Or maybe Nintendo are the real dealers here, delivering a pointless, never-ending quest that's thumb-shakingly addictive. What is the end goal? The animals don't stop coming, manipulation upon manipulation like an Inception of gift-giving that never leads anywhere. And when you can't play on the tube because the game requires a perpetual internet connection and you're stuck watching a spinning loading wheel while this stupid mouse just stares at you blankly and...GAH!

Animal Crossing: Pocket Camp

I've fallen down the rabbit hole. Someone please make it stop.


Sunday, 17 December 2017

New Music Friday 15/12

Unless you're Beyoncé with a surprise release, you're gunning for Christmas number one, or you're Ed Sheeran featuring on literally everybody's new album, nobody releases much of worth this close to Christmas. Here's a handful of the week's new music...


Anne-Marie - Then

 Anne-Marie - Then

This isn't a proper single from Anne-Marie, but it proves that next year's album will be full of hits. It's a contrast to the fiery Ciao Adios and Alarm, with emotive lyrics and downbeat production driven by handclap snaps and gentle syncopations. She's still waiting for that big breakthrough moment, but she's not far behind 2017's biggest success Dua Lipa...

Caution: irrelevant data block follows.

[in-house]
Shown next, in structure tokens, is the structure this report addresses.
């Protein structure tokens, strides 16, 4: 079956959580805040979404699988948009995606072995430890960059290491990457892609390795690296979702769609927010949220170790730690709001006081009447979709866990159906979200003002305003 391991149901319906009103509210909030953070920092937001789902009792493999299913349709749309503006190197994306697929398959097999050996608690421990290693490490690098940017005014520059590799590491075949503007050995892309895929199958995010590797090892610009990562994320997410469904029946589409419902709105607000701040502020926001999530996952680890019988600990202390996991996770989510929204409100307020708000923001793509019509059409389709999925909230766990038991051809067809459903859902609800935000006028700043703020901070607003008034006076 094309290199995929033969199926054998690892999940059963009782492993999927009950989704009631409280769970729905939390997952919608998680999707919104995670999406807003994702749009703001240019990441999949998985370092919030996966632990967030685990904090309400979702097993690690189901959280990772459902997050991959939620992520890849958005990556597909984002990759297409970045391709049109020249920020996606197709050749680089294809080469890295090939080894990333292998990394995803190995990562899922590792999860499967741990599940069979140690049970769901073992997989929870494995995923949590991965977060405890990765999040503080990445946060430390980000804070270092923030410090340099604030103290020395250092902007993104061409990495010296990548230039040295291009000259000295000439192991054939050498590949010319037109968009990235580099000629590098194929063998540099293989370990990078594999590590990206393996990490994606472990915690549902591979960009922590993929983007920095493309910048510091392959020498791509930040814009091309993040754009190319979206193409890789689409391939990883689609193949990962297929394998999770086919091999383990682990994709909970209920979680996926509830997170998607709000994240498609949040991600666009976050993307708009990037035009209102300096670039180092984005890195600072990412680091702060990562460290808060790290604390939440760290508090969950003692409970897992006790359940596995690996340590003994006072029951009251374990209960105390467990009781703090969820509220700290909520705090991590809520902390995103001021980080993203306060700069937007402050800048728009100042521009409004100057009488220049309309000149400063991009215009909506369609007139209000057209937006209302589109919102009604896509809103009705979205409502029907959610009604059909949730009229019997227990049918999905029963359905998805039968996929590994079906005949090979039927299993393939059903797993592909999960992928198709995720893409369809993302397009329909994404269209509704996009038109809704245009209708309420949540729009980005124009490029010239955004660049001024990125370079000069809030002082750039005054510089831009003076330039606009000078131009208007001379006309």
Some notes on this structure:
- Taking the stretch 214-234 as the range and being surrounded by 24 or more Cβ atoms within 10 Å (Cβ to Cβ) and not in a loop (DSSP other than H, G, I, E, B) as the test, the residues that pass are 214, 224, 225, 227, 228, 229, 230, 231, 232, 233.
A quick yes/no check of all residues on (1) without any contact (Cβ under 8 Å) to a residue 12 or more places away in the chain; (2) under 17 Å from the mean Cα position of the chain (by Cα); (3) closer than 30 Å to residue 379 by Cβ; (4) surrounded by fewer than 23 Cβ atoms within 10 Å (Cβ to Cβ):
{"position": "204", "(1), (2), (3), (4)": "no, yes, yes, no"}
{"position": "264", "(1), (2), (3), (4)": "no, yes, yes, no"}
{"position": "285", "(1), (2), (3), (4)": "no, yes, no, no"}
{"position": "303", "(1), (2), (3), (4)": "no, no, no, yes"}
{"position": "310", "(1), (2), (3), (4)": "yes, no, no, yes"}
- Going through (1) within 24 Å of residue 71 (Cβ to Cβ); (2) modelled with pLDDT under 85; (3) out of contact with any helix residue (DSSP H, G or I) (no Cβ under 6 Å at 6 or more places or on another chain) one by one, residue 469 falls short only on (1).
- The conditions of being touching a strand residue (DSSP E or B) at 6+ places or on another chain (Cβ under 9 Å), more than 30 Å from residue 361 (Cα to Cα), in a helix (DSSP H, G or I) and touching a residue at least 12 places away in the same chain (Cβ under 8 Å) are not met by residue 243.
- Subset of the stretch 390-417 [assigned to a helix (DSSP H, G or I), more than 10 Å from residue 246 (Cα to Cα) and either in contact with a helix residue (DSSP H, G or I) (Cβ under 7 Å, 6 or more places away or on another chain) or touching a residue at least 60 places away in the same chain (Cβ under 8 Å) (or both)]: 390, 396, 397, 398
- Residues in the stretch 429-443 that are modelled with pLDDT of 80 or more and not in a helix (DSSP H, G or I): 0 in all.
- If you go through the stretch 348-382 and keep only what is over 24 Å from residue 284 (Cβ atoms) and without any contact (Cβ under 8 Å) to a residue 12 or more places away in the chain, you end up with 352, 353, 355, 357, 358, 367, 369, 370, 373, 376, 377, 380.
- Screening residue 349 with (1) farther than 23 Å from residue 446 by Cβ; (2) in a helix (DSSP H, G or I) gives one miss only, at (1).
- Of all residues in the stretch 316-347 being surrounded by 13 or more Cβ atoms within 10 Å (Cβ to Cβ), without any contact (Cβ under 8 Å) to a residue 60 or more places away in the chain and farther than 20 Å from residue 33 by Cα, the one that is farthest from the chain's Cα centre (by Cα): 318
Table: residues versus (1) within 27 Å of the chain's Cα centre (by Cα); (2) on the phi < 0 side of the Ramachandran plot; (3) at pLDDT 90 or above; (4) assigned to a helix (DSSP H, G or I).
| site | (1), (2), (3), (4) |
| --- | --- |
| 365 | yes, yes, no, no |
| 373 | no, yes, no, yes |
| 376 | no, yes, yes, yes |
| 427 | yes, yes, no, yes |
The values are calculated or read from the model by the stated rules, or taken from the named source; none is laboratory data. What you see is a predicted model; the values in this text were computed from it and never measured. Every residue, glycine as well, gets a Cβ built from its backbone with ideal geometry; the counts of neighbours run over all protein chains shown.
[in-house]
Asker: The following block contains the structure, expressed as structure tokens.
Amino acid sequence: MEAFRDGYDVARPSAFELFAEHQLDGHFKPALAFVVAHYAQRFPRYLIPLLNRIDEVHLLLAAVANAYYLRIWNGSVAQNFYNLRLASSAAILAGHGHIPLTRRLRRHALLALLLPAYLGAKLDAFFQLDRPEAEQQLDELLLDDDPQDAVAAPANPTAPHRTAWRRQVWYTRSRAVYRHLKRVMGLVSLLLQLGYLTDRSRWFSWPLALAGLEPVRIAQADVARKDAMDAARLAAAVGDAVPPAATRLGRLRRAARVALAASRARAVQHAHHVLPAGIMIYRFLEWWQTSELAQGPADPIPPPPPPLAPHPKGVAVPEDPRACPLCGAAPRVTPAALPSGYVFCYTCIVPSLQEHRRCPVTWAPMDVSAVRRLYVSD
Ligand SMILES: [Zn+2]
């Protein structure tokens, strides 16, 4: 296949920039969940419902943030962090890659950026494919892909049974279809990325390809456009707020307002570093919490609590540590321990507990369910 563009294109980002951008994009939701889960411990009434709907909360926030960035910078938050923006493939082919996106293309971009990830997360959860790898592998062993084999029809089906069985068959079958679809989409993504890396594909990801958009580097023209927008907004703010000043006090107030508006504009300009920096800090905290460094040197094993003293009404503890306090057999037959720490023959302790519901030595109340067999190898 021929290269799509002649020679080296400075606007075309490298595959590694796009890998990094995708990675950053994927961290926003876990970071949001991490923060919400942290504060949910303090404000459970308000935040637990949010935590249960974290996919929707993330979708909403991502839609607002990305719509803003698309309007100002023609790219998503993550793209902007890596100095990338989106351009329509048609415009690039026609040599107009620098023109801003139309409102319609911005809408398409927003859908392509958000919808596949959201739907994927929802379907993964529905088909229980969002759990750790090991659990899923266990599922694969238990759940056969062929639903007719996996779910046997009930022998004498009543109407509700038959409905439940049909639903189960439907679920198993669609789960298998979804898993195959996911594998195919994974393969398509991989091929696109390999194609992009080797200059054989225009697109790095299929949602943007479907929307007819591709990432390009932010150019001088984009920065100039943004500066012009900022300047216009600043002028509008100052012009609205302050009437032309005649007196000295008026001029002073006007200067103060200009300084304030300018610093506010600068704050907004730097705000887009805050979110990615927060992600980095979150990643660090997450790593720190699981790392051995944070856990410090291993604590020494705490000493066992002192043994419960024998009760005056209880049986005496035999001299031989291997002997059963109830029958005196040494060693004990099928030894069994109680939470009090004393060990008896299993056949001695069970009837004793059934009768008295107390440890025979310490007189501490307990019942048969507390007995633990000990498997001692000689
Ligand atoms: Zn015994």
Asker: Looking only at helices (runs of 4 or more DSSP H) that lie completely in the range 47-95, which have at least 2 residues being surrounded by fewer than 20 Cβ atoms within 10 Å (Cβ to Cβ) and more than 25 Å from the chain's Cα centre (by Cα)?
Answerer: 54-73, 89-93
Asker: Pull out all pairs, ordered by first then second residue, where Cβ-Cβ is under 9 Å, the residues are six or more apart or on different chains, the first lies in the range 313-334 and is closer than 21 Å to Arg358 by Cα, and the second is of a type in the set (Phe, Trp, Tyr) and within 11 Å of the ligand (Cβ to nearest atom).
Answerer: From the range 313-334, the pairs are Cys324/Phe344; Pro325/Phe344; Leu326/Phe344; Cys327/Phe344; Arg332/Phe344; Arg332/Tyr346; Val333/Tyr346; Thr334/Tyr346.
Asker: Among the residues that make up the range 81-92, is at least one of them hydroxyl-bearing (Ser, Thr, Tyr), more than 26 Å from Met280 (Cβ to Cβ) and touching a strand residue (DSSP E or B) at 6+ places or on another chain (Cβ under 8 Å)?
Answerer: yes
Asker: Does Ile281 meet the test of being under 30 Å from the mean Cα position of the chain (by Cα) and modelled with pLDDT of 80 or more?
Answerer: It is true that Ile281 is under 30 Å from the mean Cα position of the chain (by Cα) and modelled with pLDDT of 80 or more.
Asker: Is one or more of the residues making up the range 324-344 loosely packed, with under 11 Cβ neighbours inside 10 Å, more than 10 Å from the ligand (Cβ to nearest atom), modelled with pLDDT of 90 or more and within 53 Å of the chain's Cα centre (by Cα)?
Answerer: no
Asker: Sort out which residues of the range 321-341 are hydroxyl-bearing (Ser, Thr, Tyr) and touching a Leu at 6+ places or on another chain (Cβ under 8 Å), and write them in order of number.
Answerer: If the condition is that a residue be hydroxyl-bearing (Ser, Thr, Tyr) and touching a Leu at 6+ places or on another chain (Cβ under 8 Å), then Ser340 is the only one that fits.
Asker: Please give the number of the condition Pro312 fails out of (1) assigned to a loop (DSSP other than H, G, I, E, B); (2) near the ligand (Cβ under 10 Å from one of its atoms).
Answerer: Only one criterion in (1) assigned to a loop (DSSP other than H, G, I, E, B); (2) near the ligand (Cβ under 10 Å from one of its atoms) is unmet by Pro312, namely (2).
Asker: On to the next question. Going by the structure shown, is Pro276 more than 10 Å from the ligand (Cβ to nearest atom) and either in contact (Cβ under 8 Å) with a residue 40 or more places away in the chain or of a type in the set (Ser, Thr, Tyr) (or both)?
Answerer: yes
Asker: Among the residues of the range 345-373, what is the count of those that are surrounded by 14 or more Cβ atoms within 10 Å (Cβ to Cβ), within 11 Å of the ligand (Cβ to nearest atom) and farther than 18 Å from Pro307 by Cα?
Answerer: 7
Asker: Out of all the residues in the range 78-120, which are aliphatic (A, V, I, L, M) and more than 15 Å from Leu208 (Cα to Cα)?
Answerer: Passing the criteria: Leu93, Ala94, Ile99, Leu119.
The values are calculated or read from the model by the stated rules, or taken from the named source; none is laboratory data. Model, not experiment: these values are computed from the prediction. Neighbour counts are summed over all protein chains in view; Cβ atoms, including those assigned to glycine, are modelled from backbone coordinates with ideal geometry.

Lily Allen feat. Giggs - Trigger Bang

 Lily Allen feat. Giggs - Trigger Bang

'Sheezus' didn't quite get the love it deserved, but Lily Allen is back with a new album and Trigger Bang is the first single. With a rapped verse from Giggs, Allen is - as ever - going for an urban sound as she turns her gaze to toxic people in her past, but it's hard to tell whose poorly rhymed lyrics are worse.



Pale Waves - My Obsession

 Pale Waves - My Obsession

Listening to this new track from the Manchester four-piece, it's easy to see why they were chosen to support The 1975 on their North American tour in the summer. The stadium, jangling guitars and pop hooks don't stray far from the template that Matt Healy and co. developed, although there's also something of Chvrches' Lauren Mayberry in the vocals of front woman Heather Baron-Gracie. Yet even with such obvious influences, it's all slickly produced, euphoric as hell and proves the band are worthy of their recent BBC Sound Of 2018 nomination.



joan - tokyo

joan - tokyo

Here's another group working that synth-pop-rock vibe. Here the Arkansas duo are heading off to Tokyo in a rush of crazy love, riding a wave of 80s funk guitars and weird, vibrant electronica. "Don't know what the future holds, I just wanna feel this moment," goes the fizzing chorus - probably their best yet.



Michael Brun - Easy On My Love

 Michael Brun - Easy On My Love